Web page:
The Dismal Jobs Number: Time for New Stimulus?

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There goes the recovery.

In May, the number of people employed in America rose by just 54,000. In addition, the unemployment rate rose for the second month in a row to 9.1%. Worse, the time it’s taking unemployed people to find a job rose to a new high of 39.7 weeks, or nearly 10 months. There was bad news in May’s jobs report, and then there was worse news.

Yes, the economy created jobs, but far fewer than most economists, who were predicting the economy would produce nearly 4 times as many jobs in May just a week ago, and far fewer than the 200,000 needed just to keep up with population growth. It was also far fewer than the 235,000 jobs the economy created a month ago. And it was the slowest pace of job growth in eight months.

Right now, graduates, immigrants and others will start looking for work for the first time. They will be competing with the 15 million people who are already in the labor force and have been looking for work for months. Right now, it seems few will find jobs. Last week, the government said the economy grew at 1.8% in the first quarter. That was worse than people expected, but may said that growth was going to pick up. Today’s jobs reports suggests the economy is slowing. According to Kevin Giddis, who runs the fixed-income capital markets division at financial firm Morgan Keegan, based on today’s jobs number the economy is now growing at just 1.2%. Worse, today’s report suggests that unless the government does something about it – new tax cuts, stimulus, QE3 perhaps – it doesn’t look like the situation is going to improve anytime soon. Here’s why:

Before the jobs numbers came out on Friday there were a lot of reasons being put out there for why the economy might produce fewer jobs than expected in May. The tornadoes in Alabama and Missouri and the flooding along the Mississippi displaced people and made it tough for them to work. Japan’s earthquake was making it hard for companies to get parts and causing factories to slow production. Gas prices were up. All good reasons for why a slow down in jobs in May would be temporary. Indeed, Thomas Lam, U.S. group economist at OSK/DMG, put the chance of recession at 10%. Mark Zandi of on CNBC said he though whatever slowdown we are having would be over by fall, and the recovery would be back on track.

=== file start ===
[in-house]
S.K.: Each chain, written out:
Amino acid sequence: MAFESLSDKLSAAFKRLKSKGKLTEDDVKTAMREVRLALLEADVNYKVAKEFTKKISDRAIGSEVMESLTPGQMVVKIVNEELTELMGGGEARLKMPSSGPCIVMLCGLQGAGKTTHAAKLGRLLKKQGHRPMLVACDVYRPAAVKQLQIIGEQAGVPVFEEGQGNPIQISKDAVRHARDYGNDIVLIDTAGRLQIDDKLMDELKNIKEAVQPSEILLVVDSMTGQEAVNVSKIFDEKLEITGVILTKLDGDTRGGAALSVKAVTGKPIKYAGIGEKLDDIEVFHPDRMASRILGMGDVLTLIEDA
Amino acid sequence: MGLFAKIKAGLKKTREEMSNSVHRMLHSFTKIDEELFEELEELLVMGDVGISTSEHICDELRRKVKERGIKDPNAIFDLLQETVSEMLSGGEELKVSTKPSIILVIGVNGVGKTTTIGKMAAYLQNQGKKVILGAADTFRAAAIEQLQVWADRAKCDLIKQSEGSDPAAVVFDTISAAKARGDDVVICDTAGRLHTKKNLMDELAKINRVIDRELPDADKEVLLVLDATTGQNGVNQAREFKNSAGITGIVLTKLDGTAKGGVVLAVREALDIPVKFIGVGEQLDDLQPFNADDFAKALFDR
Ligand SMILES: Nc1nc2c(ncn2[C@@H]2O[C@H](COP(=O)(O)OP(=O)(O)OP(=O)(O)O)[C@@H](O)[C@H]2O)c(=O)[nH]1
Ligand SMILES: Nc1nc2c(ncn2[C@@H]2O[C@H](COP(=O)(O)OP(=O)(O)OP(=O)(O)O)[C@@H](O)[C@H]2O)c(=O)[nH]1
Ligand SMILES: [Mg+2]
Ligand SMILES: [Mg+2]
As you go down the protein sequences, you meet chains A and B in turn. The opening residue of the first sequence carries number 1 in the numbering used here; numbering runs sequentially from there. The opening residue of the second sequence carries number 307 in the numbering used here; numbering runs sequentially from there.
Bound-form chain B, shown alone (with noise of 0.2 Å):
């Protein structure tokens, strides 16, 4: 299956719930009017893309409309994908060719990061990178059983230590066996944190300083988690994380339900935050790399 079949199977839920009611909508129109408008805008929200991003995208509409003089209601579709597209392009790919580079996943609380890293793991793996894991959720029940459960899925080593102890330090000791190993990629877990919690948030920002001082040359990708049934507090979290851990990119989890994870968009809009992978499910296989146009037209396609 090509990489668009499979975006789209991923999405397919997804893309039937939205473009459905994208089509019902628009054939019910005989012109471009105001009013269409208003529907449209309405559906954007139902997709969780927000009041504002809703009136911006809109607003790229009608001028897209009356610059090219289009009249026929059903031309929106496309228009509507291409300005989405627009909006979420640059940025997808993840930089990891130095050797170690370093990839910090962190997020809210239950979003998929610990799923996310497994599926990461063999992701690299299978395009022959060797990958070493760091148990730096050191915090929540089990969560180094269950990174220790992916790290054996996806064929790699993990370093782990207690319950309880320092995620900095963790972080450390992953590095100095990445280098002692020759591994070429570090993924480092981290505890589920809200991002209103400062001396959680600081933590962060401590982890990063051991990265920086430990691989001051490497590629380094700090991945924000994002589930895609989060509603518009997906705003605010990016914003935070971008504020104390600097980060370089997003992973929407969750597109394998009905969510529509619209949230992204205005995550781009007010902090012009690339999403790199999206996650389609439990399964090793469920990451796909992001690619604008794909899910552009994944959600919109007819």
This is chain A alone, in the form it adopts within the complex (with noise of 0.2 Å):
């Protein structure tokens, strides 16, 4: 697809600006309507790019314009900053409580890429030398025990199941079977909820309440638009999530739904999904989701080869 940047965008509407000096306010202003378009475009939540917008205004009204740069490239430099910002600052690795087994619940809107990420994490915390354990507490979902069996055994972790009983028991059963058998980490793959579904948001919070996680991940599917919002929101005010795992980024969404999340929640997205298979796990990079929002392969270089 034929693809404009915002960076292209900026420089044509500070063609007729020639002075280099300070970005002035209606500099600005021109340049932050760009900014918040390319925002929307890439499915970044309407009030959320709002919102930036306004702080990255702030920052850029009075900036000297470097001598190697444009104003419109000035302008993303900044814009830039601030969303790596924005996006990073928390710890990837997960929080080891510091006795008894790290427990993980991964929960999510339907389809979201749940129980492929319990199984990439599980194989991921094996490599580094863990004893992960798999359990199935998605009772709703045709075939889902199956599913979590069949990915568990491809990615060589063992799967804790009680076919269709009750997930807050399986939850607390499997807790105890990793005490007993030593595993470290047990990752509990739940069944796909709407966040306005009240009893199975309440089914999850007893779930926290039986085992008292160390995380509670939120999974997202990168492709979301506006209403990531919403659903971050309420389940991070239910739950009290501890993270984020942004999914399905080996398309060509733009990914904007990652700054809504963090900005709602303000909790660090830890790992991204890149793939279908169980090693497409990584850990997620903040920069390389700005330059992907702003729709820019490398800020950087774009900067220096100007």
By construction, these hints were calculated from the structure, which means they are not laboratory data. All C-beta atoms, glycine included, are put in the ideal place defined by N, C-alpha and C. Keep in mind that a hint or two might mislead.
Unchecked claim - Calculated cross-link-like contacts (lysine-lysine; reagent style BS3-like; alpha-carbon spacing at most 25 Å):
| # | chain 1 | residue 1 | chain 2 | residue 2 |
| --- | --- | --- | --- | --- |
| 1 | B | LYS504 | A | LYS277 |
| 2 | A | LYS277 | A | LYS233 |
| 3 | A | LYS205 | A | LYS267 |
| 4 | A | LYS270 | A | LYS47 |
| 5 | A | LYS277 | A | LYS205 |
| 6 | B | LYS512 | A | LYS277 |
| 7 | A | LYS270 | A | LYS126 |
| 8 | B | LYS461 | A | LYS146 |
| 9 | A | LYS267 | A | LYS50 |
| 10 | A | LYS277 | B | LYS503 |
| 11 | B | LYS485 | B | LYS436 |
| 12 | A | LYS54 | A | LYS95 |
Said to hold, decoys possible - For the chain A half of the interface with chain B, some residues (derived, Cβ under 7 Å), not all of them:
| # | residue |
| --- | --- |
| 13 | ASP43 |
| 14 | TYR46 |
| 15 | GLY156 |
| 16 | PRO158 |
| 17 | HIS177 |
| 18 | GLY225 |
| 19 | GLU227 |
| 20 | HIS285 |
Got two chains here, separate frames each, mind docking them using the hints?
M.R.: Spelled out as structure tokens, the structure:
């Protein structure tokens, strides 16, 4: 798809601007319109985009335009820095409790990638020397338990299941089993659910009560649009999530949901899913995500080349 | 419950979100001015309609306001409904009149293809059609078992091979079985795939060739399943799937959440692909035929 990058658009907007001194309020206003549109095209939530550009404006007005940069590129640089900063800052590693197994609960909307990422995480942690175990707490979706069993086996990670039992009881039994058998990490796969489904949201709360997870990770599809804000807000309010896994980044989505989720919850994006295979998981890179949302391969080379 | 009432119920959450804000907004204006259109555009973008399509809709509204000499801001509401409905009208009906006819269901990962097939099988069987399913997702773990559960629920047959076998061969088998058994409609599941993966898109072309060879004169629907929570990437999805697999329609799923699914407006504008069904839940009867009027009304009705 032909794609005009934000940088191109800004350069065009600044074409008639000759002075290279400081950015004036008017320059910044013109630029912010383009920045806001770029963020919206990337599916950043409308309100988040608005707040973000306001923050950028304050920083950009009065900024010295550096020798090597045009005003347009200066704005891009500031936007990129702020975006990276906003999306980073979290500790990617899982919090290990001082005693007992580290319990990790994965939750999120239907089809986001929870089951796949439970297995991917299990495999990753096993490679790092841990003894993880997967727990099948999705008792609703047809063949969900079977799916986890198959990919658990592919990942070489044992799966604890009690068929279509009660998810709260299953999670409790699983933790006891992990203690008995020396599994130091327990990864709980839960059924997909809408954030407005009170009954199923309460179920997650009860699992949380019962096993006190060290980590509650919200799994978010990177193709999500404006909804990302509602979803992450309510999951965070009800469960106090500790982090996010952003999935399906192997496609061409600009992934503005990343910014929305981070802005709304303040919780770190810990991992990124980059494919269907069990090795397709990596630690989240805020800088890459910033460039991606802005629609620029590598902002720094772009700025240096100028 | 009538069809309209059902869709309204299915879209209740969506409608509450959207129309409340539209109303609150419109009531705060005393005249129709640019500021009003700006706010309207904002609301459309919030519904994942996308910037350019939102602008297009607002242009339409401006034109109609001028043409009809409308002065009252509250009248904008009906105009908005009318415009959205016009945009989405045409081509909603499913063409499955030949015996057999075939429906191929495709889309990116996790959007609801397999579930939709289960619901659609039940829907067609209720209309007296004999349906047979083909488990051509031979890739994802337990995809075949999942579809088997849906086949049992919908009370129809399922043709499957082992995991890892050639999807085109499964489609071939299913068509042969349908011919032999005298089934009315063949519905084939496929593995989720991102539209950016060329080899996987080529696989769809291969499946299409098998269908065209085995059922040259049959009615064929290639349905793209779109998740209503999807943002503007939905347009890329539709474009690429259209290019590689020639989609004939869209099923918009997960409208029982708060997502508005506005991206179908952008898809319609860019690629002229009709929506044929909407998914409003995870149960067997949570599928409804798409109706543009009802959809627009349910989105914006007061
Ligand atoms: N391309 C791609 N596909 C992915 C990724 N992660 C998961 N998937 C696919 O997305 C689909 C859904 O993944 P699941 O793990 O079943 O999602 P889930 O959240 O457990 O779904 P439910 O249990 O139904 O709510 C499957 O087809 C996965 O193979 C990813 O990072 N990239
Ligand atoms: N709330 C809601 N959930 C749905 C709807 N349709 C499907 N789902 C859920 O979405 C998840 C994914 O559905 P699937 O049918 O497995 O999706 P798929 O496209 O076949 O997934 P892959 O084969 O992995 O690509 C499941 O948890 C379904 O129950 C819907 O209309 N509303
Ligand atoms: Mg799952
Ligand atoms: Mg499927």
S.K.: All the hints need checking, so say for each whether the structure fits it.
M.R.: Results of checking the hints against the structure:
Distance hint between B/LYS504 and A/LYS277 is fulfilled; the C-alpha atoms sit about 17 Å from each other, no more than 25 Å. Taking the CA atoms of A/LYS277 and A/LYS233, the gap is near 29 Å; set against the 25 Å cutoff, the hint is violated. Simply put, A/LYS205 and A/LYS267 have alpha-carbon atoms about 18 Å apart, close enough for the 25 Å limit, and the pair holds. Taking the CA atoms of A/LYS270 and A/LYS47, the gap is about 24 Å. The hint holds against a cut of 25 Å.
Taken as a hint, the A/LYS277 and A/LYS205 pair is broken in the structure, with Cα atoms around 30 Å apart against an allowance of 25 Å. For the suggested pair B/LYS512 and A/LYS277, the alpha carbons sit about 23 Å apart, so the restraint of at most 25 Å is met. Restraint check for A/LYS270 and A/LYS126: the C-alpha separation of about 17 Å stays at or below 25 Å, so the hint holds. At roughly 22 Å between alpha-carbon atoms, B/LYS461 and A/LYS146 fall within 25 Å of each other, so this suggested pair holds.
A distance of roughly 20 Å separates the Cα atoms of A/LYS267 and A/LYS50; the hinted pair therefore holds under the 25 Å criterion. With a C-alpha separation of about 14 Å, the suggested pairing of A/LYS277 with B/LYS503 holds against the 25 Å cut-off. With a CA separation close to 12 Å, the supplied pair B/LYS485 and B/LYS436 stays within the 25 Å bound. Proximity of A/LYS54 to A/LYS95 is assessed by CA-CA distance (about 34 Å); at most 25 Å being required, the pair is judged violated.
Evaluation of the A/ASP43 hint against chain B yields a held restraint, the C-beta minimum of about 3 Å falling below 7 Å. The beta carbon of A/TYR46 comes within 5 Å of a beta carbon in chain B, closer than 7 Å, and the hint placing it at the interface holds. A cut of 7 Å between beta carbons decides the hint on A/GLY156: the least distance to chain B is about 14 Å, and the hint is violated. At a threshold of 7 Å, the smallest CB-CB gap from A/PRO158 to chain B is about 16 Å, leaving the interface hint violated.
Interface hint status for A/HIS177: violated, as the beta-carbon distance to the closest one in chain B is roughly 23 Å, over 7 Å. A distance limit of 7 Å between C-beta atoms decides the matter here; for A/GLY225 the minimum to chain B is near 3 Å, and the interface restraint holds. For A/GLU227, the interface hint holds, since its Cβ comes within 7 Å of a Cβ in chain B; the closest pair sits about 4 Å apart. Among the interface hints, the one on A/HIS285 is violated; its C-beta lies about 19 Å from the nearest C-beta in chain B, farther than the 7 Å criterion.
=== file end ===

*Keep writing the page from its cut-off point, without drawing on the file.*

The problem: none of those things – tornadoes, Japan earthquake, even gas – that will supposedly only have a temporary effect on the economy really seem to be the reason hiring slowed. Yes, there were about 50,000 people according to the government’s tally who couldn’t find work because of bad weather conditions. But that’s about normal. And remember that’s 50,000 people out of workforce of 150 million. So it’s hard to say weather was a major factor in employment. What’s more, government economists in their report specifically said they found “no clear impact of the disasters on the national employment and unemployment data for May.”

What about the Japanese earthquake, which we have been hearing a lot about recently as a reason for why the economy is slowing? Well, there’s not much evidence that points to that as the problem either. The theory is that U.S. plants can’t get key parts and therefore are shutting down production. Indeed, back a few months ago GM shutdown a pick-up truck plant because of a lack of parts from Japan. Well, manufacturing was down, but not a lot, just 5,000. But that comes after months of strong manufacturing gains. And if the employment issue was just a supply chain problem, then you would expect hiring in the service sector to have remained strong. But it didn’t. The companies in the service sector of the economy hired 133,000 fewer workers in May than they did in April.

Gas is the only credible explanation for why people may have spent less at stores and hiring in retail may have slowed. But that is just one sector. And while gas prices were higher in some parts of the country than others, it never hit the $4.00 a gallon average than most people were expect to be a real deathblow for the economy. What’s more, gas prices started falling in Mid-May, but that may have been too late to be reflected in the job survey, which is done in the middle of the month.

“Earthquake, tsunami, tornadoes, gas,” says Giddis. “You take your pick, and nothing explains it all, other than this one: The economy has slowed.”

So what does all this mean? Remember, it was about this time last year that the economy hit a weak patch and we began talking QE2 – the Federal Reserve’s stimulus program – and more tax cuts.  Since the signs are that this employment slowdown is not the result of temporary problems, it seems some round of new stimulus is necessary. And while a lot of people say stimulus isn’t political possible, that’s not entirely true. The Republicans almost certainly would go for more tax cuts, even if they are not “paid for.” It’s probably time for Obama to cut a deal on corporate tax rates, if only a temporarily one, and perhaps talk about extending the Bush tax cuts another year. Those moves may not seem fair. Corporate profits have already rebounded and the income gap is only growing. But those move should produce some job growth as well. And if President Obama and Washington were to do nothing to help the 14 million people out of work in this country that would be more than unfair. It would be cruel.